It was established that shortly after the inbound Air Asia A320, on a generally south-westerly track, had been cleared to descend to FL120, the outbound Indigo A320, on a generally north-westerly track, had been cleared to climb to FL100. Both aircraft then requested right turns for weather avoidance and Air Asia was given a heading of 015° and Indigo direct to waypoint ‘AKRIB’. Air Asia was then cleared to descend to FL110 and Indigo were then given climb to FL110 to expedite and both aircraft correctly read back their clearances. After their turns for weather avoidance, the two aircraft were now on almost reciprocal tracks (see the radar snapshot below). 

Having seen that Air Asia had actually descended to FL100 after receiving an audible STCA Warning, the controller immediately tried to resolve it by instructing it to climb (back) to FL110, following this with an instruction to Indigo to descend to FL095 and immediately changed this to FL090 before a response to the original descent instruction had been given. But by this time a coordinated TCAS RA had occurred and immediately after the controller had finished transmitting, Air Asia called “TCAS RA” and the controller responded with “call clear of conflict”.

After a short interval, Indigo called “clear of conflict” and advised climbing back to FL100 as previously cleared which was acknowledged. The controller, having not heard the same from Air Asia requested this and received confirmation before telling the flight it had only been cleared to FL110. The response was initially to dispute this and request details of the conflicting traffic which were given. Indigo then requested and was given further climb to FL110.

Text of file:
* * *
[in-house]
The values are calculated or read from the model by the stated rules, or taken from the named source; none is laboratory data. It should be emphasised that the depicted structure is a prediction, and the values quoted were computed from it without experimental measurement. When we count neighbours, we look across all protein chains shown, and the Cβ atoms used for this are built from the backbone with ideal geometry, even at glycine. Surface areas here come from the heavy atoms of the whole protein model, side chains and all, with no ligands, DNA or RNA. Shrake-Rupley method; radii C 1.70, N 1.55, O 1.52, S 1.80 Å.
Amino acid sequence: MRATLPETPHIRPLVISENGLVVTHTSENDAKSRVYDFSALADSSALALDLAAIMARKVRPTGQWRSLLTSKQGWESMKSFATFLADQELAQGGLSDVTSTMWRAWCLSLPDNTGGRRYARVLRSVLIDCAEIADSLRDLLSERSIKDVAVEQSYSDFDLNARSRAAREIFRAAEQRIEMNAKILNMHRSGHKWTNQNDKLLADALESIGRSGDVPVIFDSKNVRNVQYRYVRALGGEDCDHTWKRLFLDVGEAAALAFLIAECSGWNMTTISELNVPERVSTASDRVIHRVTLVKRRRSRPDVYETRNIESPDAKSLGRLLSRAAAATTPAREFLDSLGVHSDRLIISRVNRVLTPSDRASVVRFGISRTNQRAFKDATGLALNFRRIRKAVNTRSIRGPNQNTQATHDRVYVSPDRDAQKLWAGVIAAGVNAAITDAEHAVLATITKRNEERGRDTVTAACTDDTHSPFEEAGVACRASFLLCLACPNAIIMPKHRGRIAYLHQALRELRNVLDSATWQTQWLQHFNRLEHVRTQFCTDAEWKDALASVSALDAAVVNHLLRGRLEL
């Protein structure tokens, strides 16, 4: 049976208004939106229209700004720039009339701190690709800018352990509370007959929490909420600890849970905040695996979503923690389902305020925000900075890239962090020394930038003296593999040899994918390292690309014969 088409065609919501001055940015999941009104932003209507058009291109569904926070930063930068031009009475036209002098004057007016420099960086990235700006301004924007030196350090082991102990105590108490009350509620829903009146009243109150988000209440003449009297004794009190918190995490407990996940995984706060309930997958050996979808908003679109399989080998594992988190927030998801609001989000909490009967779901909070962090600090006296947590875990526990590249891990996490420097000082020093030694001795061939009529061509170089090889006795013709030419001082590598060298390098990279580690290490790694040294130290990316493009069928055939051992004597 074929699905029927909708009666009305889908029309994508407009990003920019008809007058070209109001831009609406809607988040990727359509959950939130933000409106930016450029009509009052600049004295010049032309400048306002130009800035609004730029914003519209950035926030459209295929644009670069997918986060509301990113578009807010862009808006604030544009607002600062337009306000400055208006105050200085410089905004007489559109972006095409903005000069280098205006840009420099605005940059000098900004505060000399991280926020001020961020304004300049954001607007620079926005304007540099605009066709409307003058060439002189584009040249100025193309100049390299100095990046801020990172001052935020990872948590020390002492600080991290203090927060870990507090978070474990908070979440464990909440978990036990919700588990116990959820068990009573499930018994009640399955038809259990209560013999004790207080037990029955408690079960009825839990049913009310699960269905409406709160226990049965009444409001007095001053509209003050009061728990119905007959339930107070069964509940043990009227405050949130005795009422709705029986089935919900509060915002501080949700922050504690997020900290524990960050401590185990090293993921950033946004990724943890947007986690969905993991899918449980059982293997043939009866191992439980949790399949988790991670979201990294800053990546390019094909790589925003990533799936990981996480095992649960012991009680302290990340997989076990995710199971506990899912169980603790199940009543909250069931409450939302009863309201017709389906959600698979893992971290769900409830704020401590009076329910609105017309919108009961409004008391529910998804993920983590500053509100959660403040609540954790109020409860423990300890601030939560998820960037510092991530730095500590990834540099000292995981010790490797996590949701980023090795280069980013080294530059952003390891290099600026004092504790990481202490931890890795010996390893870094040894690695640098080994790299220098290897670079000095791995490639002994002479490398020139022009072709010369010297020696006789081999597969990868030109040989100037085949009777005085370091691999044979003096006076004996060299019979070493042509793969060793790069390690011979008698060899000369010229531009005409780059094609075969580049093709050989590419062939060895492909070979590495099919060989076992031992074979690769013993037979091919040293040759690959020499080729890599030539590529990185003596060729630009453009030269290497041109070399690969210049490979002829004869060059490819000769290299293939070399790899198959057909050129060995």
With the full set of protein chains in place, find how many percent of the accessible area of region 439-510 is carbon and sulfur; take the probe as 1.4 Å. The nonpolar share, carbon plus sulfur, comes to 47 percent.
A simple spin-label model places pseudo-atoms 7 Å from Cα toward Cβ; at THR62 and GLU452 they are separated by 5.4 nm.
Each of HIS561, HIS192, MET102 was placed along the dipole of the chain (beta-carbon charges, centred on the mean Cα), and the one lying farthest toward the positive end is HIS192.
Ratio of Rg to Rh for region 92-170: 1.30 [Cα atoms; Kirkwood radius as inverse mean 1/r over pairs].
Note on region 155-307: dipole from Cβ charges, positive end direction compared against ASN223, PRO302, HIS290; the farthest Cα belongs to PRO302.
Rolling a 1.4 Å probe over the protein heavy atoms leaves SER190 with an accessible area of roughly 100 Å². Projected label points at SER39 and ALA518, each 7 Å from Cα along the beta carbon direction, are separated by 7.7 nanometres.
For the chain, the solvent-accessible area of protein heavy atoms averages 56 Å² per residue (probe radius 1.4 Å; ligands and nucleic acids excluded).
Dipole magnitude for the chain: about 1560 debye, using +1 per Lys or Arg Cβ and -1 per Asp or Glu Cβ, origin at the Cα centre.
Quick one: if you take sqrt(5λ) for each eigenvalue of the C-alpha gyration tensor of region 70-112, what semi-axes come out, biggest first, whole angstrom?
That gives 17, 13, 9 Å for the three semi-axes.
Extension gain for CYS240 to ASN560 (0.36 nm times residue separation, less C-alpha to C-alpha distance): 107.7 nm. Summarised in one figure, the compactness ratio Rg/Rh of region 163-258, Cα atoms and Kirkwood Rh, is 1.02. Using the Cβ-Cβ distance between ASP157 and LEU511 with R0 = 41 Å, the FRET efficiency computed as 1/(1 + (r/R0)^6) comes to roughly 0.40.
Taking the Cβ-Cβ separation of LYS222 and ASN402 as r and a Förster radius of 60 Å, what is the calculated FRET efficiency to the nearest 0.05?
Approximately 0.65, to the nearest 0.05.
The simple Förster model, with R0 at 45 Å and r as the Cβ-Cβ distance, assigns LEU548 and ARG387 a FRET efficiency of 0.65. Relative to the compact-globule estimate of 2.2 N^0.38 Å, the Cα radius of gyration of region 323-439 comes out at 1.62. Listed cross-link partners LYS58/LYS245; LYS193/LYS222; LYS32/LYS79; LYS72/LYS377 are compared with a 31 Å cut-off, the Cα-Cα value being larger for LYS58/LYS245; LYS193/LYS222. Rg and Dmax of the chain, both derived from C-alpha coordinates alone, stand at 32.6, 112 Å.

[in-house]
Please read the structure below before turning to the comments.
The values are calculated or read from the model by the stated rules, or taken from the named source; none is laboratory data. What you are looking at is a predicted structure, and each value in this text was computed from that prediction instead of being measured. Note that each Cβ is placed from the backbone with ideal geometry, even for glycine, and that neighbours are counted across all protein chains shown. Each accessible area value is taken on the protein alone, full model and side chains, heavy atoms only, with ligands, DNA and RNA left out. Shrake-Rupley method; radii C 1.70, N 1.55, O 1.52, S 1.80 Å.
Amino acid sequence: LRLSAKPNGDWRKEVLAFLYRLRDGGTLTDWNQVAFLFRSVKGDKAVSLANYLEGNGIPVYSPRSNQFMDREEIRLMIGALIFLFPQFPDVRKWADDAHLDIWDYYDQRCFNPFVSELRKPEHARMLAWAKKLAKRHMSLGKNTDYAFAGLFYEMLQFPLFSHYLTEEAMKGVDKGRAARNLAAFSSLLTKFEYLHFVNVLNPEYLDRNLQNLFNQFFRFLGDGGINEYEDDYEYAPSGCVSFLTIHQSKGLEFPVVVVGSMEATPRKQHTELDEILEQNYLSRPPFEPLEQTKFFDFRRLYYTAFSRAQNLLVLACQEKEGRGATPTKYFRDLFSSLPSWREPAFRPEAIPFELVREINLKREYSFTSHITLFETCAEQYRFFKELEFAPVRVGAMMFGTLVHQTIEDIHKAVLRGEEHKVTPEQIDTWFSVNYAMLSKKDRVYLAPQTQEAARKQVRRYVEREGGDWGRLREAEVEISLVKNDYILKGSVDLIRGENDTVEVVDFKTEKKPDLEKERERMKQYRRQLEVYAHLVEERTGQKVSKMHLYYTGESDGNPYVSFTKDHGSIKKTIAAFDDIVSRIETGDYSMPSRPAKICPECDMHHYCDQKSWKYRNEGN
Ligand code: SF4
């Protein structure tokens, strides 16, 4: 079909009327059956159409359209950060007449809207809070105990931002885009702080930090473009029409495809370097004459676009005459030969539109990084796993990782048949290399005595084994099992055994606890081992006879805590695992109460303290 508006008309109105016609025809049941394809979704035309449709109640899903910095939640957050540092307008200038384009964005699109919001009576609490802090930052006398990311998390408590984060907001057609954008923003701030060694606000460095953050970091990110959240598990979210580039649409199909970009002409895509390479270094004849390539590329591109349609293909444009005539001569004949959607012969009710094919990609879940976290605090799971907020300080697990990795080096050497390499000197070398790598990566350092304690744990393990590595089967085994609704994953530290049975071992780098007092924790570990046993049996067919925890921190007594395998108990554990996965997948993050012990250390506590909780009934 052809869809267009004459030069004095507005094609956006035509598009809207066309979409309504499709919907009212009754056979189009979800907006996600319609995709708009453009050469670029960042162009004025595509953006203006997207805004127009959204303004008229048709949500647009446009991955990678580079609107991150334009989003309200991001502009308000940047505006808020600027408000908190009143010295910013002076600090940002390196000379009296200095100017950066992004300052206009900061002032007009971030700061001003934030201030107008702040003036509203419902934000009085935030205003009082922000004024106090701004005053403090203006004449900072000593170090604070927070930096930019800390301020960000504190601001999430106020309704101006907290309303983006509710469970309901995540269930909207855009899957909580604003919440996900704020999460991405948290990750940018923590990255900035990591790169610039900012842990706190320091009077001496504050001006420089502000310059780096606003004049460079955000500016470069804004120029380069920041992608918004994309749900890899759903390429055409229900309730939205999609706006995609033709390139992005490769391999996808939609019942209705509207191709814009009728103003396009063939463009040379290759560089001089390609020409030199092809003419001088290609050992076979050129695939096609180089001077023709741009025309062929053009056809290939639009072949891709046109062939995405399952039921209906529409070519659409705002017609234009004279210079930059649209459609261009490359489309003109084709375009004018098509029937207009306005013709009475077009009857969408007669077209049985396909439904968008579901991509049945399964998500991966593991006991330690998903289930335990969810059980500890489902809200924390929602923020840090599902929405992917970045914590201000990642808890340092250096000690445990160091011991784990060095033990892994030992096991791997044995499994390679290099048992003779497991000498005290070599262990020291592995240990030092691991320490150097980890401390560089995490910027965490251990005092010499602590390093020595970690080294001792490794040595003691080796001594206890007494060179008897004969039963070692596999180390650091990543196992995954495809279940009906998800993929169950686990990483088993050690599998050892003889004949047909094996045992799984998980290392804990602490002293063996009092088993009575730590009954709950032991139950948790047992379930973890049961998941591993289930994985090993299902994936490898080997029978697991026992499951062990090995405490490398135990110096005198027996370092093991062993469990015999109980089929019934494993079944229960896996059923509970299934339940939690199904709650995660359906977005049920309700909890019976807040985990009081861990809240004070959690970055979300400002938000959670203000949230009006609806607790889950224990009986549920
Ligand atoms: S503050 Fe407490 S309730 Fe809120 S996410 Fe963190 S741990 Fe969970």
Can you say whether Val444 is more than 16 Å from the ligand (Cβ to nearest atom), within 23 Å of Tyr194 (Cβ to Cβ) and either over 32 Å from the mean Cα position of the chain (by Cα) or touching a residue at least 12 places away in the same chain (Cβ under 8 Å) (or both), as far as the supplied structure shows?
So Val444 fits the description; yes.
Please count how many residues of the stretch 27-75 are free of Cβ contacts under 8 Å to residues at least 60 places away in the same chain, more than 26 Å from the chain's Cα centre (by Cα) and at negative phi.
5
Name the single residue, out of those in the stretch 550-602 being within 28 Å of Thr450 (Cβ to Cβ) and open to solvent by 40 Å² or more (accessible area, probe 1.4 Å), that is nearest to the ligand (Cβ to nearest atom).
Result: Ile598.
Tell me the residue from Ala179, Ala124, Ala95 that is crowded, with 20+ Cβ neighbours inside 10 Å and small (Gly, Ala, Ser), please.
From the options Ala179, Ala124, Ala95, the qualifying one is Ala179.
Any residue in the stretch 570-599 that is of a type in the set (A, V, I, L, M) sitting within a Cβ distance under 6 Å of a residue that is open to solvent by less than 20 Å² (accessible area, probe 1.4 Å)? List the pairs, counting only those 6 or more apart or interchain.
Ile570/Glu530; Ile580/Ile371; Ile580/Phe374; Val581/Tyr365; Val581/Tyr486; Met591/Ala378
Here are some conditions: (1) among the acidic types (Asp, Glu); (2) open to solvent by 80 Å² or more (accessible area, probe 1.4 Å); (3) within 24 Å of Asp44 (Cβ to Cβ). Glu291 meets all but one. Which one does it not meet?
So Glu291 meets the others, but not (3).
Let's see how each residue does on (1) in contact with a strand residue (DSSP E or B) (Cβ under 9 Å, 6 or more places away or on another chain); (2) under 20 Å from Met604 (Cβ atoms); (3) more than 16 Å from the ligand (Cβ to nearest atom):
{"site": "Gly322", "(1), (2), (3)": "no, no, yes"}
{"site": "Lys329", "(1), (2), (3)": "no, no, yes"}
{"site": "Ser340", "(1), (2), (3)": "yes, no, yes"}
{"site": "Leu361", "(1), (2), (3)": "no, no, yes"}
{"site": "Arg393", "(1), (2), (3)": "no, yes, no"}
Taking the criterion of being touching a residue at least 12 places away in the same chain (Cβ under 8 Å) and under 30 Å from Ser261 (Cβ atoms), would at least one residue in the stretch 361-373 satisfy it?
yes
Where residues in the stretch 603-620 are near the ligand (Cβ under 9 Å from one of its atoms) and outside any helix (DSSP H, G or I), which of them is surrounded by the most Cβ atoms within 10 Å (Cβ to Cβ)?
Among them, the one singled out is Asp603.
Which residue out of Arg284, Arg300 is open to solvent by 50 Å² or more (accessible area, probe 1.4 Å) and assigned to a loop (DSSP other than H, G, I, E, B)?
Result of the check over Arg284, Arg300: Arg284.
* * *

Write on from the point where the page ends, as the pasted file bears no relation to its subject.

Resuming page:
The conflict at the STCA Alert stage showing the two aircraft on almost reciprocal tracks. [Reproduced from the Official Report]

Why It Happened 

The Air Asia A320 PM read back their descent clearance to FL110 correctly but then set FL100 in the selected altitude window and the AP therefore took the aircraft into a level bust which given the near reciprocal track of the Indigo A320 which had climbed as cleared to FL100 resulted in a coordinated TCAS RA annunciation which both aircraft then followed. The radar controller was sufficiently busy with multiple requests for track variations due to adverse weather conditions to miss seeing the STCA initial alert activation and only attempted conflict resolution when the subsequent audible warning was activated by which time TCAS was about to resolve the problem and when it did so the RAs were correctly followed. Once the aircraft had passed, it seemed that the Air Asia crew had still not recognised their error so they challenged the controller about his assertion which the recorded communications confirmed had been read back as given but then set incorrectly.

The Probable Cause of the event was determined as “the unauthorised descent made by the Air Asia A320 below FL110 in violation of its ATC clearance”.
 
Two Contributory Factors were also identified as follows:

  • the increase in workload on the flight deck of the Air Asia A320 due to bad weather.
  • the inadequate monitoring of traffic in close proximity.

Two Safety Recommendations were made as a result of the Investigation as follows:

  • that Air Asia should provide corrective training to the pilots of their A320 as per the syllabus giving major emphasis to situational awareness
  • that the Airports Authority of India (AAI) should  advise its controllers to be more vigilant in respect of system generated alerts.

The Final Report was completed on 1 July 2020 and subsequently published.